By Lemmona, Emilie
National Catholic Reporter , Vol. 43, No. 39
Two Friday nights a month, Tim and Trina Wurst meet up with four other young Indianapolis couples in one of their homes. They're not there to unwind with a movie and a few drinks. Instead, they read scripture, pray, share their faith journeys and plan service projects.
It's not an easy commitment, considering that the couples are busy parents who have 12 children among them. One night, they might arrange for babysitters. Another night, they take the kids along, and one of the adults skips the meeting to look after the youngsters in another room. A few times a year, the children join their parents in an intergenerational meeting.
"We've been doing it since before we had kids," said Trina Wurst, a mother of three who joined the group in 1999. "We've just been very flexible and had to adapt .... The idea of us not staying together is harder to imagine than figuring out a way to stay together."
Half a continent away, in suburban New Jersey, another small Christian community gathers every three to four weeks--more frequently in Lent and Advent. Composed of mostly middle-aged and retired Catholics, the group doesn't worry about babysitters or school schedules; in fact, they don't all have kids. They've bonded in different ways.
Longtime friends and occasional political activists, some had protested the Vietnam War together in the 1960s. Others had formed a food co-op in support of Cesar Chavez and the Farm Workers movement. Even now, they tend to be politically active, although they've disagreed on issues ranging from immigration to the Iraq war.
"We've had conflict. We're not all the same political persuasion," said Mary Ann Jeselson, 68, who has been a member for 13 years with her husband, Stephen. "[But] I have such a deep respect for these people that I've got to believe that they have arrived at their decisions and their opinions in an honest way."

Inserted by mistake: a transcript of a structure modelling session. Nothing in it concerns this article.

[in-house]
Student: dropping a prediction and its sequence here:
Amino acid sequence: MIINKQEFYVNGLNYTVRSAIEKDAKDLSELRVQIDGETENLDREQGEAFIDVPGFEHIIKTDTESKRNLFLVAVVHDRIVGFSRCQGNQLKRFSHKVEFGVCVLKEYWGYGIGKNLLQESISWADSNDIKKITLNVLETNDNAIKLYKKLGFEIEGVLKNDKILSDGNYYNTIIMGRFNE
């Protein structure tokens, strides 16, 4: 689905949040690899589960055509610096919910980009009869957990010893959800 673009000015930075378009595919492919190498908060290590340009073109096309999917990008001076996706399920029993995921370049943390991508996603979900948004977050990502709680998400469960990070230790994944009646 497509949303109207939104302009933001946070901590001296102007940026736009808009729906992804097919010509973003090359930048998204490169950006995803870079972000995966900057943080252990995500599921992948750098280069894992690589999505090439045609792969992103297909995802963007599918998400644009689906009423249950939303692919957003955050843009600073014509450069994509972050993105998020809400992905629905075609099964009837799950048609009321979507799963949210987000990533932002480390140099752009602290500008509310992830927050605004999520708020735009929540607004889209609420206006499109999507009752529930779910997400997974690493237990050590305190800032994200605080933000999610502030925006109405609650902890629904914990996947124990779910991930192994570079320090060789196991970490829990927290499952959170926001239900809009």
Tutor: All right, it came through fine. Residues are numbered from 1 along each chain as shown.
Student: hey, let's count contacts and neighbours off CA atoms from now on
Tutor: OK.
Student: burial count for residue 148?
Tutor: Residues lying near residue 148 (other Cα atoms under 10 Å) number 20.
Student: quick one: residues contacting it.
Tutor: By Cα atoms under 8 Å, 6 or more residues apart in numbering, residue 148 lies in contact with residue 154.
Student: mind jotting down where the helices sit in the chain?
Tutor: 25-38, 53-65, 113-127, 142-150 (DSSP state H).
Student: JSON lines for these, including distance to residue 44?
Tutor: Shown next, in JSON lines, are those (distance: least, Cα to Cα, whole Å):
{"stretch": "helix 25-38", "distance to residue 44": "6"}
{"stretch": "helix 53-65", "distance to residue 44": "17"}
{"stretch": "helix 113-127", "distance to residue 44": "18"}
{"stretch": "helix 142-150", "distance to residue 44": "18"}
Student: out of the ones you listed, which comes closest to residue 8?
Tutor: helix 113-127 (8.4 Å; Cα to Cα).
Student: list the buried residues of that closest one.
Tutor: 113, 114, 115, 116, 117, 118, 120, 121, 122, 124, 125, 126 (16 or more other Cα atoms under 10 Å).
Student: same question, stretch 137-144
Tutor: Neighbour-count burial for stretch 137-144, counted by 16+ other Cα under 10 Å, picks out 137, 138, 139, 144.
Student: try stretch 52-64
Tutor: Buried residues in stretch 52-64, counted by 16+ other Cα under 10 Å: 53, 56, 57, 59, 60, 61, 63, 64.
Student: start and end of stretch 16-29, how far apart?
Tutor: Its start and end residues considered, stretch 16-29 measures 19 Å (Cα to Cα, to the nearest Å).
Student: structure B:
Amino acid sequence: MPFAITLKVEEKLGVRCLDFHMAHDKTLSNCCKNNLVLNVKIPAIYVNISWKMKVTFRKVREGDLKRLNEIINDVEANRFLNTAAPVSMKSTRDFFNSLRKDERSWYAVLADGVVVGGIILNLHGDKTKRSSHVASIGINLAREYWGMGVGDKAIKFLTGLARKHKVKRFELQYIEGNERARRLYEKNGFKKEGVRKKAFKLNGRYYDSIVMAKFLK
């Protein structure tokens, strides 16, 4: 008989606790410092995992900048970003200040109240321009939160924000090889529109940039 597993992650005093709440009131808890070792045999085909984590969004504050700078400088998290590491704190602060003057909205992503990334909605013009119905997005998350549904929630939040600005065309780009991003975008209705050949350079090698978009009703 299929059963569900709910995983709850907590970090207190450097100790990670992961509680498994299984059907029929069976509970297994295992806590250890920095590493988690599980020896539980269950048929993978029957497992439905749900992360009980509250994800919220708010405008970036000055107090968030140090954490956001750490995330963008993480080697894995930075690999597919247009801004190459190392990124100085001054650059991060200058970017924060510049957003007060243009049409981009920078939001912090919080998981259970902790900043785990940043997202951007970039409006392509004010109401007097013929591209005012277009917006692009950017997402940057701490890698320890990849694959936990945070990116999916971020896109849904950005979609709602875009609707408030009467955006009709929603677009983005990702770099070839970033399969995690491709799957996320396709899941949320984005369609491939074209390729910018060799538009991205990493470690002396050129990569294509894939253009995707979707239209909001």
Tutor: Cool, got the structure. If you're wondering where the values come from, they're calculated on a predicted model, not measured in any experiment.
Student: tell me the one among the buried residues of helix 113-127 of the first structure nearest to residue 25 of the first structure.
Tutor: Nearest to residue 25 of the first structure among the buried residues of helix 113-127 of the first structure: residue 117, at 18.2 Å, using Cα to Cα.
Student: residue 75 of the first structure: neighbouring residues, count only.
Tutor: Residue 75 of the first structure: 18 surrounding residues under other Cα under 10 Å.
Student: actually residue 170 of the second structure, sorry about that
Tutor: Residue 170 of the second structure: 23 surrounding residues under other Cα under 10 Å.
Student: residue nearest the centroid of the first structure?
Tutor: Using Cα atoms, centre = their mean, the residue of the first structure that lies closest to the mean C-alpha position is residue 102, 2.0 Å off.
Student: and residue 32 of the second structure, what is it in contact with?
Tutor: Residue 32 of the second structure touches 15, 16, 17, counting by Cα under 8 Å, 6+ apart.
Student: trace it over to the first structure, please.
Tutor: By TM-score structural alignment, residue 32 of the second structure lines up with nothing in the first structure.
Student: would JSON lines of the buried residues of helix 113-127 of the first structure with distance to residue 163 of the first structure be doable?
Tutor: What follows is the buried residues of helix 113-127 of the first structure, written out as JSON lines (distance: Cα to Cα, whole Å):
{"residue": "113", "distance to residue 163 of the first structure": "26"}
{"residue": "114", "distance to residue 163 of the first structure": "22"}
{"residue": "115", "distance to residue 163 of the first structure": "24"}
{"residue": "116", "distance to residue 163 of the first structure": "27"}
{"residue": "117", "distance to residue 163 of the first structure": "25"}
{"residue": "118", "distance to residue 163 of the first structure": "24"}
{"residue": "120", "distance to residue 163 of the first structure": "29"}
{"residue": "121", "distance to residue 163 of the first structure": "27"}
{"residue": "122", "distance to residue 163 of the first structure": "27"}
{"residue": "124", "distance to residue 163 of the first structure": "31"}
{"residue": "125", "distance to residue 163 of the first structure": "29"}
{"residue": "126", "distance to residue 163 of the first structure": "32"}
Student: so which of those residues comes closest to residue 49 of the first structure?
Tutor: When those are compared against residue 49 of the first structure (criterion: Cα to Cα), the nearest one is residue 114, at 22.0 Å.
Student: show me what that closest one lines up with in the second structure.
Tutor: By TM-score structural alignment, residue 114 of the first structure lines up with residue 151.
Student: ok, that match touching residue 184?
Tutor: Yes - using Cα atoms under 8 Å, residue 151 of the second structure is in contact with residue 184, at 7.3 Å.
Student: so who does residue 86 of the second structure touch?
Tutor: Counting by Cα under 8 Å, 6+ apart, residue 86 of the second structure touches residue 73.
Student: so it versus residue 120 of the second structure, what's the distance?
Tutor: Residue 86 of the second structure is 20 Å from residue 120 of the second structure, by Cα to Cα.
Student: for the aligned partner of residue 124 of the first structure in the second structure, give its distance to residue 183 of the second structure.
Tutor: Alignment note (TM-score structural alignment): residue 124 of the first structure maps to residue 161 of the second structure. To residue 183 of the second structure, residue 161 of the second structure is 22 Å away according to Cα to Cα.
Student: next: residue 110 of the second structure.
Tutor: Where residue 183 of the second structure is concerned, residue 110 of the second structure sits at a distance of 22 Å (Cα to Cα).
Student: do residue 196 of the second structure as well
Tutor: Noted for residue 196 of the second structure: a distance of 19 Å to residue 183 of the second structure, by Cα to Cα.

Across the country and around the world, a small but fervent cross-section of Catholics have been meeting in small Christian communities, some for decades. While the majority of Catholics look to their parish as the center of their spiritual life, those in small communities say their groups add a level of support, intimacy and nurturing that are hard to find at the parish level.
Further, they say, reflecting on scripture and discussing its application to everyday living makes them feel more accountable for how they live out their faith in the world. Some proponents say small Christian communities have the power to revitalize the face of parish life and the larger church.
Stories and service
Small groups have long been gathering in parishes, but the groups of previous decades were usually connected to outside programs instead of rising from parish life organically.
"Those [programs] are invaluable experiences ... but the thrust of small communities is to root the small communities in the parish instead of making them parallel to the parish," said Marianist Br. Bob Moriarty, who leads the Office of Small Christian Communities in the Hartford, Conn., archdiocese.
As many as 45,000 to 50,000 small Christian communities may exist in the United States today, and there are surely at least 37,000, according to "Small Christian Communities in the U.S. Catholic Church," a study funded by the Lilly Endowment and conducted in the late 1990s. William V. D'Antonio of The Catholic University of America headed the research, which was then compiled in book form by Marianist Fr. Bernard Lee, vice president for mission and identity at St. Mary's University in San Antonio, a fellow researcher on the project. Lee is a coauthor of the 2000 book The Catholic Experience of Small Christian Communities (Paulist Press), in which researchers posit that Catholics' thirst for sharing their faith at an intimate level goes back to the home-based gatherings of the early Christian church (see related story on Page 6). …